As to the specific points in Adil’s latest post, he pegs me as a Walzerian, which is probably fair in many respects. Certainly, Adil is entitled to accept IHL “equal application” as a legal principle without subscribing to Walzer’s philosophical theory of the “moral equality of soldiers.” I would only posit that equal status is a very coherent (and in my view compelling) rationale for equal protection: i.e., opposing combatants are licensed to harm one another, so long as they are not hors de combat, irrespective of the political ends for which they have been sent to fight.
Moreover, I disagree that the citations (primarily from AP I) that Adil offers to rebut the notion of “equal status” under IHL truly support his contention. Actually, I think they do the opposite. For example, Adil quotes the provision of AP I’s preamble stating that the application of IHL has no bearing on the jus ad bellum (i.e., whether the state’s initial resort to force was lawful) to argue that the ad bellum and in bello rules apply side-by-side in warfare. In my view, a more commonsensical (not to mention historically accurate) reading is that the jus belli regimes are distinct, such that armies have an obligation to fight well even if they are not fighting for right.
With respect to my highly imperfect sports analogy—wherein I argued that a playing field, like the proverbial battlefield, is in many respects subject to a unique code honed over time by the guardians of the game—Adil rejected this notion as explained solely by the affirmative defense of consent. I would not deny that consent plays a significant role, but I would nonetheless reassert the significance of the customs and nature of the game itself.
Of course Adil is correct that a game played within a government’s jurisdiction is subject to relevant domestic law. The rules of a game are not developed by states and cannot be lex specialis. If anything, this actually makes it more remarkable the extent to which courts have been willing to show deference to the written and unwritten codes of conduct unique to sporting events. In one case involving a professional football injury, the Tenth Circuit emphasized “the general customs of football” in deciding whether the conduct could be tortious. In a famous Canadian criminal case precipitated by a vicious blow with a hockey stick, the judge focused heavily on “the code of conduct as to what form of fighting is permitted.” Yet in ordinary domestic law, no form of fighting is permitted outside of self-defense.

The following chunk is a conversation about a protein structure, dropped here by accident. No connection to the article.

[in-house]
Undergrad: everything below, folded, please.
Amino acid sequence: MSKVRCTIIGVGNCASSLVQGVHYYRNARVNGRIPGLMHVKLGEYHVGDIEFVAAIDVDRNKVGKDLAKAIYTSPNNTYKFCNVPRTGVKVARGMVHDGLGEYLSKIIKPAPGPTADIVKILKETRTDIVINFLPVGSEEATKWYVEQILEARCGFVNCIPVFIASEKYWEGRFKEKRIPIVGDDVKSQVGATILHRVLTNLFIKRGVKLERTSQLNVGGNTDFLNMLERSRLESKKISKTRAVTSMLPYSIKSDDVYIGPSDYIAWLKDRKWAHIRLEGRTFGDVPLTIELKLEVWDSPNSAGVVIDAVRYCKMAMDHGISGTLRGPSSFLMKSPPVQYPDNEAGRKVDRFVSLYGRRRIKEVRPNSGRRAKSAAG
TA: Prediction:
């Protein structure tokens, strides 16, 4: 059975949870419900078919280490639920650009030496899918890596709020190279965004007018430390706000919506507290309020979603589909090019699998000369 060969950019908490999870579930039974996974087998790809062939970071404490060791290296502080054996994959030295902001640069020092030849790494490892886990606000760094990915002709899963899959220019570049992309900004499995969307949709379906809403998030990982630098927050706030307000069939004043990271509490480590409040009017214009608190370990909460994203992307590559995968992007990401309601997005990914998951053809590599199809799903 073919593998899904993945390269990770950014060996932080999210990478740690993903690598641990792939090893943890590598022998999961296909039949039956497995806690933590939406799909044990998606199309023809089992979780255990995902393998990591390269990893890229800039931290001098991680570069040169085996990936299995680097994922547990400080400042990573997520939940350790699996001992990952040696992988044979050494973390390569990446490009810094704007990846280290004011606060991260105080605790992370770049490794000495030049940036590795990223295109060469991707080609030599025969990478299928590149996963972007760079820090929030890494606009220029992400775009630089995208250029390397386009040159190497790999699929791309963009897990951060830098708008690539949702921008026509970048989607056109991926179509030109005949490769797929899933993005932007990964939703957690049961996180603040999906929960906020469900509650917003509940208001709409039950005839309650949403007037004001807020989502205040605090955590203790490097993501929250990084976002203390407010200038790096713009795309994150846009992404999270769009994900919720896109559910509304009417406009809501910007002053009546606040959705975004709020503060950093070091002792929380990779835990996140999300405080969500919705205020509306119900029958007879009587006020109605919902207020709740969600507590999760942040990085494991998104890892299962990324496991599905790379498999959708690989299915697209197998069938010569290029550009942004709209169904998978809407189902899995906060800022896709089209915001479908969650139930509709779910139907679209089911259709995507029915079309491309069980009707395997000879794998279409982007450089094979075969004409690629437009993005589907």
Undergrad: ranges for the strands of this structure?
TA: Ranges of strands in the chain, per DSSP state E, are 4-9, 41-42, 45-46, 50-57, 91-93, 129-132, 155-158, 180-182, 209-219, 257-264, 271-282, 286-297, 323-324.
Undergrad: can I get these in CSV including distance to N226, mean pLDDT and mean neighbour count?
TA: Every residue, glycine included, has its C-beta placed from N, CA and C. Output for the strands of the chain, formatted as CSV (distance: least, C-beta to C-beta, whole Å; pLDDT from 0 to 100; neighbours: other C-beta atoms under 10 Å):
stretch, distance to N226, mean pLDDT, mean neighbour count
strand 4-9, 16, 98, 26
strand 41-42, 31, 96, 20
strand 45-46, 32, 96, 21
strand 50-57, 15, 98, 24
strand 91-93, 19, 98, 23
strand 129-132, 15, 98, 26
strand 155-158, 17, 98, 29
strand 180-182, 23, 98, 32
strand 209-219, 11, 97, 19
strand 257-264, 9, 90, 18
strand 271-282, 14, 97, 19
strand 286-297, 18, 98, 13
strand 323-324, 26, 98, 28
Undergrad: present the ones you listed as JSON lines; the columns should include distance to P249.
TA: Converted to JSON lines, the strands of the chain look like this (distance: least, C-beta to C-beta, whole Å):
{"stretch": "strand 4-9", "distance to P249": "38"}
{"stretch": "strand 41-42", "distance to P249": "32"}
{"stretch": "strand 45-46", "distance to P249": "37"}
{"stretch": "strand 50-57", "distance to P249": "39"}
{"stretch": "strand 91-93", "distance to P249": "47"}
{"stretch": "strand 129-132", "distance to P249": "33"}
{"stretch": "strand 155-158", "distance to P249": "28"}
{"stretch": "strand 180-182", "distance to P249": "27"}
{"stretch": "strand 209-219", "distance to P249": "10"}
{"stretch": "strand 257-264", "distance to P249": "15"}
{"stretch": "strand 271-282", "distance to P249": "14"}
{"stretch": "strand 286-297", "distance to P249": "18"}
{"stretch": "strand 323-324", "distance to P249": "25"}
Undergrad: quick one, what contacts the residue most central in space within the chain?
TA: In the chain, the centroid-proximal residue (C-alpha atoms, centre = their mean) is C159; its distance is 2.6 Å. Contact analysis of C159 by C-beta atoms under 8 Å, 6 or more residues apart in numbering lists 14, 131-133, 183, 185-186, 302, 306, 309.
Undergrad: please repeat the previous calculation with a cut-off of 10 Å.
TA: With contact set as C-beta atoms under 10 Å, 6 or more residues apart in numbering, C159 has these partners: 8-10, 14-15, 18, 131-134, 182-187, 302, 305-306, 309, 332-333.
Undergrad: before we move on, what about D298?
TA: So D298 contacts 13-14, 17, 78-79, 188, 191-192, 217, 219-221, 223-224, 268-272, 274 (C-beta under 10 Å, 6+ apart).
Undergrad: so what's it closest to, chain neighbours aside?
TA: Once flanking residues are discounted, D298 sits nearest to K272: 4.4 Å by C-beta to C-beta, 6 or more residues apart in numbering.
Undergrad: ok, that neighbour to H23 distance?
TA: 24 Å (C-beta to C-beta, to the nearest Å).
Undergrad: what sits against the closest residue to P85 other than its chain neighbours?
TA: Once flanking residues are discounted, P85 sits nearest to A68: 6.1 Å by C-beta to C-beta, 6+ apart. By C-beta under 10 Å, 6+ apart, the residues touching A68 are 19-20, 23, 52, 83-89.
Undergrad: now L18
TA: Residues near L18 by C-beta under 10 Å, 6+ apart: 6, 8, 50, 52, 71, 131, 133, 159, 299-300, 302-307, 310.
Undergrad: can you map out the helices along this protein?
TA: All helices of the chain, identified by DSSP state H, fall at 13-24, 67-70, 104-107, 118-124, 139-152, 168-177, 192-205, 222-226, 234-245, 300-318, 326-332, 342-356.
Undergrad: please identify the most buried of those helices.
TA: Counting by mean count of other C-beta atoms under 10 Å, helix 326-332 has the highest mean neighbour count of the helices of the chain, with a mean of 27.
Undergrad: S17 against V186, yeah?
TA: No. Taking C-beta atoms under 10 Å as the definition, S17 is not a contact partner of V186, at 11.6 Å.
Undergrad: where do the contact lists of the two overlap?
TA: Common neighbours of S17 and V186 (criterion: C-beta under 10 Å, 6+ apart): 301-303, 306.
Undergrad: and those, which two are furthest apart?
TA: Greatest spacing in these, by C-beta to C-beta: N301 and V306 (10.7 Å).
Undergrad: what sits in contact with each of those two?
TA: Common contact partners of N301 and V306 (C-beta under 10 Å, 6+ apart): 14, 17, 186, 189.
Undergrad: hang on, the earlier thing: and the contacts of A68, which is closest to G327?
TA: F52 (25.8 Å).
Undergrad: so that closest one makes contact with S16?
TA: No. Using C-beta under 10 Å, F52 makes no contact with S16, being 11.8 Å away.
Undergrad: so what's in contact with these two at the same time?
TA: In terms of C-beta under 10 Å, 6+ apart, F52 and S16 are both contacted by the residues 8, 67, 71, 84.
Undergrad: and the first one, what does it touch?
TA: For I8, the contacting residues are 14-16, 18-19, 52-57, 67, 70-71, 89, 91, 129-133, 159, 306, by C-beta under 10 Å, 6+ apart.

Consent is doubtless at play here, but so is something else: Placing outside restrictions on an activity which, by its very nature, involves violating those restrictions renders either the underlying activity untenable or the restrictions themselves unenforceable. When it comes to war, history and tragedy teach us that the latter is exceedingly more likely.
I do not anticipate that I will have convinced Adil of my argument any more than in previous posts, and I very much look forward to reading a fuller explication of his perspective in his just-published book. Moreover, I wholeheartedly agree with Adil that IHL is not stagnant, and that improving its humanitarian protections is a noble pursuit.
Where we part ways, perhaps inalterably, is in my insistence that any attempt to enhance IHL by “purposively interpreting” it be consistent with the need to convey and administer targeting doctrines decisively amid conditions of unthinkable violence. In my view, radically new interpretations of extant IHL principles—such as one that casts doubt on the legality of status-based targeting in armed conflict where all IHL requirements have been met—are thus unhelpful to improving the law.
I do not believe we can interpret our way around the fact that there are two sides to IHL: the protections for civilian populations and combatants hors de combat, which sit comfortably astride IHRL, and the authorizations inherent in the conduct of hostilities, which mix uneasily with a post-World War II legal regime based on the sanctity of individual rights. Triggering IHL invokes both aspects of the law. This is a reason to clearly delineate where and when IHL applies, but it is not an excuse to turn a blind eye to the parts of IHL we find unsavory.